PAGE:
Unfortunately, I was unable to attend the Premiere, but Nancy who is based in Dubai visited this fantastic exhibition and sent some pictures to give an indication of the size of it all. I'm told that it created a lot of interest and a good few traffic jams and we certainly hope that this exhibition will be taken to other major cities around the world to showcase Wild Arabia.

More information about this initiative and exhibition can be found at http://www.wildarabia.com/

A few of my bird images from Kuwait are shown in some of the outdoor displays below.

01 May 2012

Serenity in SAANR

Week 16, 21 April 2012 - SAANR (Click on images to enlarge)

It had been sometime since I last visited SAANR and with the pulsating Spring migration, I wanted to avoid any places where shooters would be out in force - so the peace and tranqulity of SAANR it was.

Today, we had high cloud most of the day that made for acceptable photography for the duration of the morning and kept temps bearable.

Driving toward Tuhla, I made a small detour past a line of trees that have grown quite a bit in the past 2-years, finding a host of passerine migrants including numerous Spotted Flycatchers.

Spotted Flycatcher (Muscicapa striata)
On reaching Tulha, I spent a quiet 2-hours slowly driving around the pond, small reedbed and surrounding trees with each turn providing something new. Not big numbers, but certainly a lot of variety. A magnificent Masked Shrike in breeding plumage was found in the overhang of a tree

Masked Shrike (Lanius nubicus)

I parked on the edge of the pan and was entertained by; Lesser Whitethroat

Lesser Whitethroat (Sylvia curruca)
A female Blackcap that almost looked comical with the erect crest

Female Eurasian Blackcap (Sylvia atricapilla)

and the ever stunning White-throated Robin

White-throated Robin (Irania gutturalis)
There were birds calling in and around the reeds, so a slow drive around produced a host of other species. Rufous-tailed Scrub Robins have made a return

Rufous-tailed Scrub Robin (Cercotrichas galactotes)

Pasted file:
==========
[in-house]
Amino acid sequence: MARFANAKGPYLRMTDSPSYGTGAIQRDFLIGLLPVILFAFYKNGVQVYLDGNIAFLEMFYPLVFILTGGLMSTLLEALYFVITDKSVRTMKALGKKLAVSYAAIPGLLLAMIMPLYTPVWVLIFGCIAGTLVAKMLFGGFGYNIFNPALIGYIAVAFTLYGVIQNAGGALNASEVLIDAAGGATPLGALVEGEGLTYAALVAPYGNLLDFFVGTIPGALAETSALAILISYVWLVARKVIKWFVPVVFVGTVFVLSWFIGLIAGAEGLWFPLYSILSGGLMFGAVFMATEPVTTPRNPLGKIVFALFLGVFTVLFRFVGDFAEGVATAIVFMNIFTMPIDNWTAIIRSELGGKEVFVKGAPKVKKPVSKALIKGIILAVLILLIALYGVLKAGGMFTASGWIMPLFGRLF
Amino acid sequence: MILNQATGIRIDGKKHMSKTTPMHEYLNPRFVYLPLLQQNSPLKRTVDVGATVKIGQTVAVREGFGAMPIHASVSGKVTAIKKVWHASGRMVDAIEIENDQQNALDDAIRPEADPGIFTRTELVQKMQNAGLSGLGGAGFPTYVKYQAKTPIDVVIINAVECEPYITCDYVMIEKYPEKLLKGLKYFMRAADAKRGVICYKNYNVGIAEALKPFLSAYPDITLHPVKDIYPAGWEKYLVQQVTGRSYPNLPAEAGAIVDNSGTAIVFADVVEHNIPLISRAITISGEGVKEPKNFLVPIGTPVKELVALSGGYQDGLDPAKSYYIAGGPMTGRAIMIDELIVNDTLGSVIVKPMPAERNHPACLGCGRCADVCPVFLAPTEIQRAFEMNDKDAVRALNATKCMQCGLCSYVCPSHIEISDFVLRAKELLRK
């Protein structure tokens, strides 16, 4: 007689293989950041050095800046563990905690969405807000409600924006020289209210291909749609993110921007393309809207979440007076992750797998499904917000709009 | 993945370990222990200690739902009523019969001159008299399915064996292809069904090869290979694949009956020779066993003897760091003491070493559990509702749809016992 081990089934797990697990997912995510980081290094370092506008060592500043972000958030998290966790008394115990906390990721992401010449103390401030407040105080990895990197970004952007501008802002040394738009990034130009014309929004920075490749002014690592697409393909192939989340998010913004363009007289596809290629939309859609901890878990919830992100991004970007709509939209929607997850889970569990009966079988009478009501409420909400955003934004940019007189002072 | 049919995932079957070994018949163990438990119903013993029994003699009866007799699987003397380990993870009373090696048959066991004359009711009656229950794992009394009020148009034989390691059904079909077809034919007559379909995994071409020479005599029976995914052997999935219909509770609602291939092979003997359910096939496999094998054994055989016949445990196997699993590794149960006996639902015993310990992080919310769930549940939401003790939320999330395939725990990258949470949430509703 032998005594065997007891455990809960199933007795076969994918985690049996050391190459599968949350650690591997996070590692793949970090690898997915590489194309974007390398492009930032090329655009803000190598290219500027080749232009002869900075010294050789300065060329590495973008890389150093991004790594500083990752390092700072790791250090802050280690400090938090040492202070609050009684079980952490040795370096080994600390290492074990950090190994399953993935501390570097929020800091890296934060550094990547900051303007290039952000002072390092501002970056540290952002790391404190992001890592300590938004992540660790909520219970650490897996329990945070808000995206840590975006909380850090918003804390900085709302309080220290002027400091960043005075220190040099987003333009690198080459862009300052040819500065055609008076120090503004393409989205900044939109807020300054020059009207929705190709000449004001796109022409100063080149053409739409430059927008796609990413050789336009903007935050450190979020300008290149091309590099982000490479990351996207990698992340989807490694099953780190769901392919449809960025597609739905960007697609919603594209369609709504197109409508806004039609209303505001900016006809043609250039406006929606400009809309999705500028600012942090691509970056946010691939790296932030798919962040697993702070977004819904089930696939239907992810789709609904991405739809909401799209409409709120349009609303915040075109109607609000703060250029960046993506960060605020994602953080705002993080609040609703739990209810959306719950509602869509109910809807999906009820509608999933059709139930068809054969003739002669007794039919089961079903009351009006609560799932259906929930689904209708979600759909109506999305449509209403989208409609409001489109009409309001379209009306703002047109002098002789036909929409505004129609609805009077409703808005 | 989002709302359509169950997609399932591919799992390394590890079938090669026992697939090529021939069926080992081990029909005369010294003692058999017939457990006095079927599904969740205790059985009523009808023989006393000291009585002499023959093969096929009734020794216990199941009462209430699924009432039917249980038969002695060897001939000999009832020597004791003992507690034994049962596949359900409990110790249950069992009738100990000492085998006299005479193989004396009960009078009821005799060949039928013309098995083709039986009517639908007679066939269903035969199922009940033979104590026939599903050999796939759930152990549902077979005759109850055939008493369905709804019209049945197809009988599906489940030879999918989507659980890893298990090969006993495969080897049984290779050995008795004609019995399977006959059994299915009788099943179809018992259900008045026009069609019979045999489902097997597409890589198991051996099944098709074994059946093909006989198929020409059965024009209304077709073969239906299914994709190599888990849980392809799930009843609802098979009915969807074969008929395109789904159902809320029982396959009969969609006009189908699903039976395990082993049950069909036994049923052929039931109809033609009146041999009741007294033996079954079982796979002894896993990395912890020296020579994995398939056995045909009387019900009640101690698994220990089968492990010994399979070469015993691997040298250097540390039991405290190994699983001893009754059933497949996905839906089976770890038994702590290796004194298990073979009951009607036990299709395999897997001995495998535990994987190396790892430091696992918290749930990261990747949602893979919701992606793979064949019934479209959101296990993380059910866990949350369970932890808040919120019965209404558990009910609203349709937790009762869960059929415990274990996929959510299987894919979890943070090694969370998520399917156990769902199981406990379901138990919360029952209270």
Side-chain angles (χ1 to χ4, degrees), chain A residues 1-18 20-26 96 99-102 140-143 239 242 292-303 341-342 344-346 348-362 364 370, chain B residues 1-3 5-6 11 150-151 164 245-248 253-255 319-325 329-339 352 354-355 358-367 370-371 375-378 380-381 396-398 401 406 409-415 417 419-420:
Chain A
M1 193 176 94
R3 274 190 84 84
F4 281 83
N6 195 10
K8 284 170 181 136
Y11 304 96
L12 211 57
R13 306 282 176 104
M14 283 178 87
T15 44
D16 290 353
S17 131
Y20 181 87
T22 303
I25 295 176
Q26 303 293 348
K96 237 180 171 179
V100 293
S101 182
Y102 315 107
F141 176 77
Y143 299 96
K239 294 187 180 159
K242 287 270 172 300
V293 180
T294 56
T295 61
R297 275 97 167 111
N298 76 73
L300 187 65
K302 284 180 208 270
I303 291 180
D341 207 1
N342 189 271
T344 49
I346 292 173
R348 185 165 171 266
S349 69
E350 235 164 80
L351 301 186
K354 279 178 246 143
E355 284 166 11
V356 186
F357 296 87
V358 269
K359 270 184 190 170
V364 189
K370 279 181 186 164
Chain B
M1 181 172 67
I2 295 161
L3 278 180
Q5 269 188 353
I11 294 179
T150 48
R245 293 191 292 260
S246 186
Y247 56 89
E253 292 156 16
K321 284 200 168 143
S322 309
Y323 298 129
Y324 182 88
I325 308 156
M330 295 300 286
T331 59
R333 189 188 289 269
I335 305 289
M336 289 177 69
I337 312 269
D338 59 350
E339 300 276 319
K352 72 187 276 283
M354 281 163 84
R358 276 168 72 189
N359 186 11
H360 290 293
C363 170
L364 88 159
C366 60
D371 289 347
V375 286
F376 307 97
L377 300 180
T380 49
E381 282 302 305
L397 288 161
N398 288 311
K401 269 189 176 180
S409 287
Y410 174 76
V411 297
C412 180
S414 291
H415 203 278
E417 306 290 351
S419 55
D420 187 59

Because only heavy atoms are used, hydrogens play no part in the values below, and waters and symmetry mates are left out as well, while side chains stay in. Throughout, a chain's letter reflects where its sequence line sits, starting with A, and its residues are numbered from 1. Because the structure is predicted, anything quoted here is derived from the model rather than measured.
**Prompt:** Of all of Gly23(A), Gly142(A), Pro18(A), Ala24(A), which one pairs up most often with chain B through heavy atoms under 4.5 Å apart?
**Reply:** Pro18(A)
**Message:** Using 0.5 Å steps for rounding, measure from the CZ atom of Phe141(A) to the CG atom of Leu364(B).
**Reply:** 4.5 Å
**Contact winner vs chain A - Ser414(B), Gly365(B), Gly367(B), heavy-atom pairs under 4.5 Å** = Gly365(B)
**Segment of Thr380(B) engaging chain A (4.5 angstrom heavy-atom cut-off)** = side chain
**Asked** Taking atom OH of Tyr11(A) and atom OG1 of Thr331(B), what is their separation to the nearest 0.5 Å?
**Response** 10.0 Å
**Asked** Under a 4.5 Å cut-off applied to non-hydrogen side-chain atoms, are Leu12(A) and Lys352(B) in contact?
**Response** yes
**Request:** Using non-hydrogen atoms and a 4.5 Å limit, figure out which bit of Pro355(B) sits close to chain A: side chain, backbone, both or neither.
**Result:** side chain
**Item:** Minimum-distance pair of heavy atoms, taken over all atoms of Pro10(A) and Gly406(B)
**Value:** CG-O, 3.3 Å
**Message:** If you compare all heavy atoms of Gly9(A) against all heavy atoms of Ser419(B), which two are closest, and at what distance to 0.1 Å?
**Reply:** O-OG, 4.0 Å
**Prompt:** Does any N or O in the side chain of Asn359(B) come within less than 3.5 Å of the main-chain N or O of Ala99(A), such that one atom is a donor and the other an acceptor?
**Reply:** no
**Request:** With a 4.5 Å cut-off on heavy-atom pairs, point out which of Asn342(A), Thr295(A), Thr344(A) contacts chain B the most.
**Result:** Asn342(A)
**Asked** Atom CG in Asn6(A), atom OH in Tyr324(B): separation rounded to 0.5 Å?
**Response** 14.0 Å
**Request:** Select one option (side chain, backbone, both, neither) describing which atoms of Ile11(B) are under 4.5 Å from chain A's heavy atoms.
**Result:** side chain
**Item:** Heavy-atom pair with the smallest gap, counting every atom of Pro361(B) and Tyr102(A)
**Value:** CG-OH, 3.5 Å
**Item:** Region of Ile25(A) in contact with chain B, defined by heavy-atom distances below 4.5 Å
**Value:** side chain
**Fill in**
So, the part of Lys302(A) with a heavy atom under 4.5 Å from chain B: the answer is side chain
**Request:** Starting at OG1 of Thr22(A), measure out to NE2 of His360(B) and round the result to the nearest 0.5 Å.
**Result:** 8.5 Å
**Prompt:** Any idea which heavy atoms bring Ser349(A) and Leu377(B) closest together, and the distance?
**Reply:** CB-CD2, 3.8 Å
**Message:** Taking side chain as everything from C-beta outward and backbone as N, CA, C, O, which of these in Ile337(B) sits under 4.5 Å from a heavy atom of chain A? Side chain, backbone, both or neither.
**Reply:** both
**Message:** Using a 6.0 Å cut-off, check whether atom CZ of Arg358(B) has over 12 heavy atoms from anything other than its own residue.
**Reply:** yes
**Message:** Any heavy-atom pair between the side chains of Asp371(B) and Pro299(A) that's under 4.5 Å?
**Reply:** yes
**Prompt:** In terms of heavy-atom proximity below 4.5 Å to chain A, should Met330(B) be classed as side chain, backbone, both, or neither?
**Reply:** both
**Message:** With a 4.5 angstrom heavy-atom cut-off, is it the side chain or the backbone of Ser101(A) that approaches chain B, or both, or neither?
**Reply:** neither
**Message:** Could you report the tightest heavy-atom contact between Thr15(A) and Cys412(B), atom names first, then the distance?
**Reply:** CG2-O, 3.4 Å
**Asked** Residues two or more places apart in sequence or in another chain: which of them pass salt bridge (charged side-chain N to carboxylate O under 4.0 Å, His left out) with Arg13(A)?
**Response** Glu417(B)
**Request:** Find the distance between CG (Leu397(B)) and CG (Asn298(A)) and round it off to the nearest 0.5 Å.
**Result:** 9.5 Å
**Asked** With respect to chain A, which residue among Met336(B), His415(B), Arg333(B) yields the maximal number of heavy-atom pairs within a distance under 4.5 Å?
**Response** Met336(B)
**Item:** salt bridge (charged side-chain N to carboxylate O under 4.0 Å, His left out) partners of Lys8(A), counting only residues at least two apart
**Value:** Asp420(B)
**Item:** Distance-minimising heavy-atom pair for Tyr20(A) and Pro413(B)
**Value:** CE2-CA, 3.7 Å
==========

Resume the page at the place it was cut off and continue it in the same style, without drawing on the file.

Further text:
A few Tree Pipits were also seen, but in much smaller numbers

Tree Pipit (Anthus trivialis)
Great Reed Warblers were prevalent inside and and foraging around the reeds

Great Reed Warbler (Acrocephalus arundinaceus)
A European Turtle Dove landed not to far from me and went about it's business with seemingly no concern - this wouldnt be the case at Al Abraq!

European Turtle Dove (Streptopelia turtur)
When I looked again, a European Bee-eater stood out conspicously against the reeds - I didnt even see or hear it come in

European Bee-eater (Merops apiaster)
Mostly female Common Redstarts were seen today and these too were quite obliging

Female Common Redstart (Phoenicurus phoenicurus)

A Common Whitethroat foraging amongst the few spring flowers

Common Whitethroat (Sylvia communis)
I also found a dead Corncrake, which I assume was a natural migration fatality

Deceased Corncrake (Crex crex)
I decided to head for the bigger pan in the wadi, finding a Whinchat on the way

Whinchat (Saxicola rubetra)
and a pale form Booted Eagle overhead, the distinguishing "landing lights" clearly visible in these images

Pale Form Booted Eagle (Aquila pennata)

At the wadi pan, there were numerous Red-necked Phalaropes, a few Ruff, Common and Wood Sandpiper, Little Stint and Common Snipe as well as White-winged Tern in breeding plumage and this Whiskered Tern. This bird was feeding on the wing, taking insects off the surface - after many attempts I was able to capture this action in pixels.

Feeding Whiskered Tern (Chlidonias hybrida)

On the way back to Tuhla, I stopped at a large patch of green in a depression that hosted hundreds of Ortolan Buntings, outnumbering all other migrants seen today. Here also Spring flowers were in full bloom

Spring flowers
Back at Tuhla, I found a skulking Little Bittern

Little Bittern (Ixobrychus minutus)
Around the reeds one more time, I had a male Ortolan Bunting stripping the seeds of the tops of the grass heads. A few times, it would pull the grass stem down, stand on it and than strip off the seeds - oblivious to me being so close.

Male Ortolan Bunting (Emberiza hortulana)

And lastly a Wryneck contentedly feeding on the ground at an ant burrow it had found, which reminded me that it was my time to head home for lunch.

Feeding Eurasian Wryneck (Jynx torquilla)